Back in April, myself, Aidan and my parents decided to spend a day in Northamptonshire. It’s the next county west of where we live in Cambridgeshire and also not too far for my parents to get to from their home in Staffordshire. Although I have been through the county many times, it’s not somewhere that I’ve explored all that much. Back in 2013 I had a few days of holiday to use up from my job so I decided to take myself off camping for a few days and stayed in Northamptonshire. It was then that I first discovered Kirby Hall.
Nestled in the East Midlands, the county itself contains the county town of Northampton and the towns of Kettering, Corby, Market Harborough, Wellingborough, Rushden and Daventry. It’s rolling farmland and woodland make for pretty views as you drive through it.
We were originally planning to visit Apethorpe Palace. This relatively recent acquisition to the English Heritage remit was the childhood home of Charles I and is somewhere I’d really like to visit at some point. We didn’t check the opening times until the day before though and it turns out it’s by guided tour only in July and August. Since we were trying to visit in April, it was time to find a plan B.
Plan B was Kirby Hall. I had actually visited here on my trip in 2013 but remembered how good it was and since it was Elizabethan, it’s time-frame was the one that my parents, Aidan and I are particularly interested in.
We arrived bright and early for when it opened at 10am on a gloriously sunny day. The property was set against a bright blue sky and it was gorgeous. Unfortunately, as with many stately homes, the access by public transport is probably limited but don’t let that put you off, I’m sure there’s a way somehow (best place for info will be the English Heritage website).
We were able to pick up free audio guides in the entrance and these are a brilliant way to find out more about the house and it’s grounds. The guide is engaging and informative, with the option to press for further information on things that may be of interest.
The house was built in the Elizabethan era by and up-and-coming noble family, the Staffords. There are crests and the family symbol of the loosely tied knot all over the house, carved into the stone work. The Stafford’s knot symbol is still the county symbol of Staffordshire to this day.
The house is partially ruined, so some of the house is open to the elements while the rest is still fully intact. There have even been some restorations in some rooms including the recreation of this beautiful wallpaper! (When I win the lottery I’ll be contacting the makers and commissioning some more…)
The tour of the house and it’s incredible Elizabethan gardens takes 1-1.5 hours and covers the whole property.
Once we had completed the tour we found a spot for a picnic in the sunshine. Just a word of warning, the property has a collection (flock?!) of peacocks and they are convinced you are going to share your lunch!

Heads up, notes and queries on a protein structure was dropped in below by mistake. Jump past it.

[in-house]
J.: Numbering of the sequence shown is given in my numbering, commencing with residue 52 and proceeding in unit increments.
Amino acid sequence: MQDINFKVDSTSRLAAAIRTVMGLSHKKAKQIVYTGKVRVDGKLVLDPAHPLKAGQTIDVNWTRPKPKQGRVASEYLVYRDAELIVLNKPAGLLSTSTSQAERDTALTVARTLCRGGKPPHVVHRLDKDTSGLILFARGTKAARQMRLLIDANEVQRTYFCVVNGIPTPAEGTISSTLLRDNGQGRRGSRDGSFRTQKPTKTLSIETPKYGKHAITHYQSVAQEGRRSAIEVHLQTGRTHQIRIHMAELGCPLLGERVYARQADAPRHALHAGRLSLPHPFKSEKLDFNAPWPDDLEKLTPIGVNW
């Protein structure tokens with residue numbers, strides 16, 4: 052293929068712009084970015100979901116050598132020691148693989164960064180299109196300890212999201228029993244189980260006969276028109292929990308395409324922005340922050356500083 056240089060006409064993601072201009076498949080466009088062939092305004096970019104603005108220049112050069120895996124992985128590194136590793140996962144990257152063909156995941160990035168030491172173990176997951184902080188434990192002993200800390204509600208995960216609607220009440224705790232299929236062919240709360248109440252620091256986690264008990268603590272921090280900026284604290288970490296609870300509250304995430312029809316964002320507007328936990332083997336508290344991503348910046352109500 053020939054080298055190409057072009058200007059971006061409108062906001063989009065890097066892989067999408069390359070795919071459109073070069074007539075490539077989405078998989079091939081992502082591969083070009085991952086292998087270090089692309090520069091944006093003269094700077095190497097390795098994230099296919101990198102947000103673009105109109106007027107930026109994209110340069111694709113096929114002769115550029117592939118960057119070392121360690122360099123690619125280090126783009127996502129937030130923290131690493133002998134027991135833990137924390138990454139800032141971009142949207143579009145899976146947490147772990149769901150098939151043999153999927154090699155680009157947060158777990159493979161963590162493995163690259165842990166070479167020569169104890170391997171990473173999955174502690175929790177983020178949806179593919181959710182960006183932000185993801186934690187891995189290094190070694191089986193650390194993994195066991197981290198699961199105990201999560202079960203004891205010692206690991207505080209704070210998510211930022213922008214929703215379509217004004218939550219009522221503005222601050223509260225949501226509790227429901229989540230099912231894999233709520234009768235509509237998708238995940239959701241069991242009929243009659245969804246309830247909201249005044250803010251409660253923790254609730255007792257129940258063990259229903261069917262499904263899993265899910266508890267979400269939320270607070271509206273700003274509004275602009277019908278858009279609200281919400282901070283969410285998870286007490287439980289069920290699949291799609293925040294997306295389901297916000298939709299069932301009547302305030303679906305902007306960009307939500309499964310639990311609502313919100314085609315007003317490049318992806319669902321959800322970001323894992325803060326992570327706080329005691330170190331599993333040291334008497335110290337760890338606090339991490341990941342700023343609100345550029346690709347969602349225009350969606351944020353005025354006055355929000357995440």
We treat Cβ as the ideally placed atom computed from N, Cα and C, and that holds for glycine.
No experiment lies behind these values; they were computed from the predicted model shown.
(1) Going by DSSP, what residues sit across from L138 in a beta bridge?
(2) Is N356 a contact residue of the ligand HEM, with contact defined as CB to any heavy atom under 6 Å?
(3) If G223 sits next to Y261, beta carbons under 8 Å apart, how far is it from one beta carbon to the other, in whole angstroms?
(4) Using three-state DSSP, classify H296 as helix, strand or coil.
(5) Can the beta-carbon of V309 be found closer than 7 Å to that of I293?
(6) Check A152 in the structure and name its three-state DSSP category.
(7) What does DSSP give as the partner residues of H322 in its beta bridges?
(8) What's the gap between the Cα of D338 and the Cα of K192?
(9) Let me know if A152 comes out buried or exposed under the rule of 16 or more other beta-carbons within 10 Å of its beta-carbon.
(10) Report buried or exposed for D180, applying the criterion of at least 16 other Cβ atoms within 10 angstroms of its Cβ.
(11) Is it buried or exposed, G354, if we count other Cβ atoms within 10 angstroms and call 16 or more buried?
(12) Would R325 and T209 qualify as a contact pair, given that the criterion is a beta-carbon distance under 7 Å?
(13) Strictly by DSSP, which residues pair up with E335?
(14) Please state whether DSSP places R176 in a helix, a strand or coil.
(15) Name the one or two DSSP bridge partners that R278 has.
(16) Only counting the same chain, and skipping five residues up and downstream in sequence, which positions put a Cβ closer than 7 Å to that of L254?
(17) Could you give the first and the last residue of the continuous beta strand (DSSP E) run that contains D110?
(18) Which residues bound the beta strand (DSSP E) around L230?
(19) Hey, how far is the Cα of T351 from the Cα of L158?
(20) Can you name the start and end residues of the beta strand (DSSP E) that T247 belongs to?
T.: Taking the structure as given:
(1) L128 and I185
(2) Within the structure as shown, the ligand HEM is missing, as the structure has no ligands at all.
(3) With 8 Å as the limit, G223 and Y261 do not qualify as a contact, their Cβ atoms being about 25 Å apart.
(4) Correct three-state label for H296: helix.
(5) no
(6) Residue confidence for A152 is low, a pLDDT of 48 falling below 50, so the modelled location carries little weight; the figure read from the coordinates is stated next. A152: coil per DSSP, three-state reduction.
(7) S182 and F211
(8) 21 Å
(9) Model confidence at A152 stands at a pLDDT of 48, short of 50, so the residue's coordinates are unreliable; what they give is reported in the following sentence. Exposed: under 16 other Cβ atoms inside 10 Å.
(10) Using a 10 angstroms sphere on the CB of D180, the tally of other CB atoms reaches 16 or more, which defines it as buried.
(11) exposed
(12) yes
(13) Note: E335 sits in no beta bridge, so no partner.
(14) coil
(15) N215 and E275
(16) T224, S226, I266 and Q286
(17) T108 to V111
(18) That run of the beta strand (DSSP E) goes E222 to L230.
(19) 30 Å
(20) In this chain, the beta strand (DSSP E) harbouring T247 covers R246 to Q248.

After a quick look in the small but functional English Heritage shop, we decided to head to the town of Oundle for the rest of our day.
Oundle is quite frankly beautiful. Built with the honey coloured stone that runs on a seam through the Midlands and is most famous in the Cotswolds, this small but pretty market town is a must visit in the area.
The centre of the town is partially dominated by the private Oundle School, the third largest boarding school in England, who’s famous alumni include George Blagden (actor playing Louis XIV in Versailles and Athlestan in Vikings), Bruce Dickinson (Iron Maiden singer), Sir Peter Scott (who started the Wildfowl & Wetlands Trust and co-founded the WWF) and Richard Dawkins amongst others.
We started our time in Oundle by wandering down the pretty high street in a search for drinks and maybe a cake. We glanced down a pretty side alley and saw the courtyard of Dexter’s Bar and Kitchen bathed in sunshine and decided to head down to it. Although this is more of a restaurant than the café we were intending to find, the courtyard in the sunshine won us over and we sat sipping wine and beer and asked for the dessert menu. Dad had a lemon roulade, Aidan chose the cheesecake and Mum and I both chose the ice cream, all of which were delicious.
We took a look at the main menu as well and decided it sounded wonderful and we’ll be making a trip back there at some point this summer to give it a whirl (I’ll report back, gang!).
After finishing up at Dexter’s, we continued down the high street, exploring some of the lovely independent shops including the wonderful Oundle Bookshop (I’ve since found out this is not totally independent but the group is fairly small, I think) where I managed to pick up an excellent book for a friend’s birthday. We also headed past some of the beautiful school buildings and took some time to look around St. Peter’s church, set just back from the high street.
As the sun continued to shine we headed to The Ship Inn for a quick drink and to wait for our friends who were joining us for dinner in the evening.
Our last stop of the day was Salerno’s, the Italian restaurant on the high street. I had first gone there last Summer for a meal organised by the friends who’d come to join us and had found it a brilliant place. On both occasions the food was extremely tasty, the service was excellent and we had a great time. Italian is probably my favourite cuisine so I do like finding good Italian restaurants! I would highly recommend Salerno’s if you’re in the area.
Overall, we had a brilliant day out, Kirby Hall and Oundle were both wonderful and I can’t wait to go back to both again in the future. I’m very grateful that Oundle is nice and close to the place we now call home!
None of the brands/companies mentioned in this blog paid/asked me to write about them. I just had a nice day and wanted to recommend.